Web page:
QUEST.4. DID THE COURT MAKE THE CORRECT INTERPRETATION OF THE WORD “MAJORITY” IN SECTION 80(2)?
ANSWR. No. There are three approaches to legal interpretation which are Literal Rule, Golden Rule and Mischief Rule (Harris, 2007). When using the Literal Rule the courts interpret statutory provisions by assigning the literal meaning of the words used in the construction of the statute, while with the Golden Rule, the Courts substitutes the literal meaning of the word if applying such a meaning creates absurdity and inconsistencies in the law (Schubert, 2012). The literal rule is criticized for being too narrow and disregarding the context of the entire law (Harris,2007).
I am of the view that Constitutional Court made the mistake of using the literal rule of interpreting section 80(2) by assigning 50%+1 as the meaning of majority when it was clear that such an interpretation is creating absurdity and inconsistencies in the law. The Concourt was very aware of this absurdity and inconsistency of their interpretation that is why they recommended that parliament must make further provisions to the PPE Act for a run-off election. This was a clear indication that their interpretation was questionable.
It is important to consider that when interpreting the law or statutory provisions, the objective of the court is to give effect to the intentions that Parliament had when they were enacting the law. I am of the view that the Concourt erred because they did not consider what the intentions of Parliament were in 1994 when enacting Section 80(2) of the Constitution because if Parliament had intended for the word majority to mean 50%+1 then they could have already put run-off provision in relevant statutes.
QUEST 5. WHAT THE FUTURE OF 50%+1 LAW?
ANSWR: The 50%+1 law stands regardless of what Parliamentarians want because only a court of higher jurisdiction can “repeal” a law created by a court. In this case, the 50%+1 law will stand unless the Supreme Court overrules it whether now or in the future. However, I think the Supreme Court will overrule this law following this very immediate appeal by MEC and DPP.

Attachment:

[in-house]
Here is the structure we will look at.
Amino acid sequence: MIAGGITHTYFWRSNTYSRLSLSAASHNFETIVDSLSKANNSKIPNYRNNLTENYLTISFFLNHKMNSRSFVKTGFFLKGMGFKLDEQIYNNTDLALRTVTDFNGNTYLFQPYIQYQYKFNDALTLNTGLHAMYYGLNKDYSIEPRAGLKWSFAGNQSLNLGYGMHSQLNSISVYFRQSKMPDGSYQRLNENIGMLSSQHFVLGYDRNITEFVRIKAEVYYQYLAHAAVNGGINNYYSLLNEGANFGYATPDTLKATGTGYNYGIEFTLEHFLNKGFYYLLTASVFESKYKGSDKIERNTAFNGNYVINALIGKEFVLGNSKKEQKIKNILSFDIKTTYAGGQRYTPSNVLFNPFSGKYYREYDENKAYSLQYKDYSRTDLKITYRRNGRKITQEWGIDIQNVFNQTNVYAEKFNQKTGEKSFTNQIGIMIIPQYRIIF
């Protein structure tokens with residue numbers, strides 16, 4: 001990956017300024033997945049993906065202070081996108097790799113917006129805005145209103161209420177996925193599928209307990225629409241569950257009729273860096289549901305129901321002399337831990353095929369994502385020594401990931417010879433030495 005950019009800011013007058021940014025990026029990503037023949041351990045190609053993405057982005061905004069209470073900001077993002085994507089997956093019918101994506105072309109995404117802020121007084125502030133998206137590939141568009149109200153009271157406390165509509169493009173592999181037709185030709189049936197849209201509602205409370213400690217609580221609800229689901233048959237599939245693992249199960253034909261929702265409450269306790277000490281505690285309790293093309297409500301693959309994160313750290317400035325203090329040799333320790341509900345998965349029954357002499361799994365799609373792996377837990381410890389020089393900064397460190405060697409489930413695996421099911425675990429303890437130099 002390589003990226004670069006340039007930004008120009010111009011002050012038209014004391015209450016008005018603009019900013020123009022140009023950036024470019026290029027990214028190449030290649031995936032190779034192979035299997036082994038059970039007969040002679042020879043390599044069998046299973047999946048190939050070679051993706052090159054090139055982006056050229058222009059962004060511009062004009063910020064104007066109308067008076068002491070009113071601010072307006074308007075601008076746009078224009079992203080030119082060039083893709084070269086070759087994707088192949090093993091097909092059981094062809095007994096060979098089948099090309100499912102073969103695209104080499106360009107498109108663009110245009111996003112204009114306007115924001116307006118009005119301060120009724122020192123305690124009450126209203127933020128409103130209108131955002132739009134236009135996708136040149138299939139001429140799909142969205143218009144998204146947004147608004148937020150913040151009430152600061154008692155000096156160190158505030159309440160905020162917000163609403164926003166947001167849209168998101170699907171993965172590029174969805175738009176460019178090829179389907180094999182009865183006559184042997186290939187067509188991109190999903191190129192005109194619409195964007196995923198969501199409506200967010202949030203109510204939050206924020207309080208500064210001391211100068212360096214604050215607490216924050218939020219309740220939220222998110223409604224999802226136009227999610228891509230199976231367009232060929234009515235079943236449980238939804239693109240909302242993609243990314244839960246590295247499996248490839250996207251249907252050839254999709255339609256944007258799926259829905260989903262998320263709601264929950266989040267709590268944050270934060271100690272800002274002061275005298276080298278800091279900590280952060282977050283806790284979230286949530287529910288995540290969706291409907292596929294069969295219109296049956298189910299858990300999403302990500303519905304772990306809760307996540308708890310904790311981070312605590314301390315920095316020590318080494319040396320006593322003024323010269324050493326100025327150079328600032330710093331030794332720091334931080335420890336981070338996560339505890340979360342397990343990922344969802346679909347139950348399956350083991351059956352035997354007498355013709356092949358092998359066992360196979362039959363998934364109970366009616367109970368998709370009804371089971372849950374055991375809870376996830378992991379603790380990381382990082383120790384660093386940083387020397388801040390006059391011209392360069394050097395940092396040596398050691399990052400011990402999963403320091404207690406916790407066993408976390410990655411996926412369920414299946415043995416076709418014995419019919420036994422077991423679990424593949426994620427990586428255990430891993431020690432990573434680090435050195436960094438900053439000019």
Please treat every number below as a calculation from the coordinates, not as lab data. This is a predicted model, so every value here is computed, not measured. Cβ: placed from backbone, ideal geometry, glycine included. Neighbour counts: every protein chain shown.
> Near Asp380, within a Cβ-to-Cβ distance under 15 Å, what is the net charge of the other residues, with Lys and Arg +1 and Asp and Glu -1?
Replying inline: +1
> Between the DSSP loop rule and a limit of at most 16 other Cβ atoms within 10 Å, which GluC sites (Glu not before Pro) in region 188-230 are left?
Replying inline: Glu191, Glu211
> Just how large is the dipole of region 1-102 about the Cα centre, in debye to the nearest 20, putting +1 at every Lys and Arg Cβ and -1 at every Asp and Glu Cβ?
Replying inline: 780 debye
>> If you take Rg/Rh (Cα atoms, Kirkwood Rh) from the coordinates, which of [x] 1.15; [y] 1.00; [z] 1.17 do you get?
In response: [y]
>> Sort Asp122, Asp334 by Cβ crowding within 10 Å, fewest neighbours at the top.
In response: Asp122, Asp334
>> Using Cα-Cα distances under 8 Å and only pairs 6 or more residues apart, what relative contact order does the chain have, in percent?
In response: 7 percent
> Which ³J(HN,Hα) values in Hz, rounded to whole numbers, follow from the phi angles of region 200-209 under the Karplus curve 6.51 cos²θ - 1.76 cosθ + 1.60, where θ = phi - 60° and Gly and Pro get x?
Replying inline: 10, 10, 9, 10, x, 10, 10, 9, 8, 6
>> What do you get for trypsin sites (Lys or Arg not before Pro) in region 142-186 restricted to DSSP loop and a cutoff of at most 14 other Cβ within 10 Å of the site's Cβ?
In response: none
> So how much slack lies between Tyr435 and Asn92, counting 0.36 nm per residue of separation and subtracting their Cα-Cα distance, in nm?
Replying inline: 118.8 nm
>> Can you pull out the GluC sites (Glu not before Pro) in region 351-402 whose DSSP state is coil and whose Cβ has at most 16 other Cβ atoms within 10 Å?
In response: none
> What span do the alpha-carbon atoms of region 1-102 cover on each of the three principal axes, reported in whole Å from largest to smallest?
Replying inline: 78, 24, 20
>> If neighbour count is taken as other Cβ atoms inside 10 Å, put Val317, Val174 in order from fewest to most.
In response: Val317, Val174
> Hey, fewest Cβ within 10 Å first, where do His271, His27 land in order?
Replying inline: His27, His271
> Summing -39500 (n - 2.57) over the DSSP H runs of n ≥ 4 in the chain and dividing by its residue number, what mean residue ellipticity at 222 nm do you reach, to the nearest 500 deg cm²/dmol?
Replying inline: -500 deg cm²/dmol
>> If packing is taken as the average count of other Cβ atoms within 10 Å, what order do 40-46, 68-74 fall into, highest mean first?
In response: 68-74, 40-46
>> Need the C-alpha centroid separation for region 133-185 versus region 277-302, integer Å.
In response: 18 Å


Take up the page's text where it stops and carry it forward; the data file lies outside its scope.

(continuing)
The Supreme Court is also likely to overrule the Concourt on 50%+1 because the Concourt errer by overruling the Supreme Court on the same which is against the doctrine of precedence and hierarchy of courts. While the Concourt could legally depart from the Supreme Court decision using the Per Incuriam doctrine which is an exemption to the precedence doctrine, I did not see the explanation of the Concourt for departing from the Supreme Court decision, at least not in the ruling that I read.
Additionally, the inconsistencies arising from the 50%1 interpretation might provoke other legal minds to pursue invalidation of this law according to section 5 of the Constitution as, in the absence of run-off provisions, it might be inconsistence with the provision of the same section 80(2) and also inconsistent with the PPE Act which carries supremacy over common law according to Section 48(2).
I rest my case.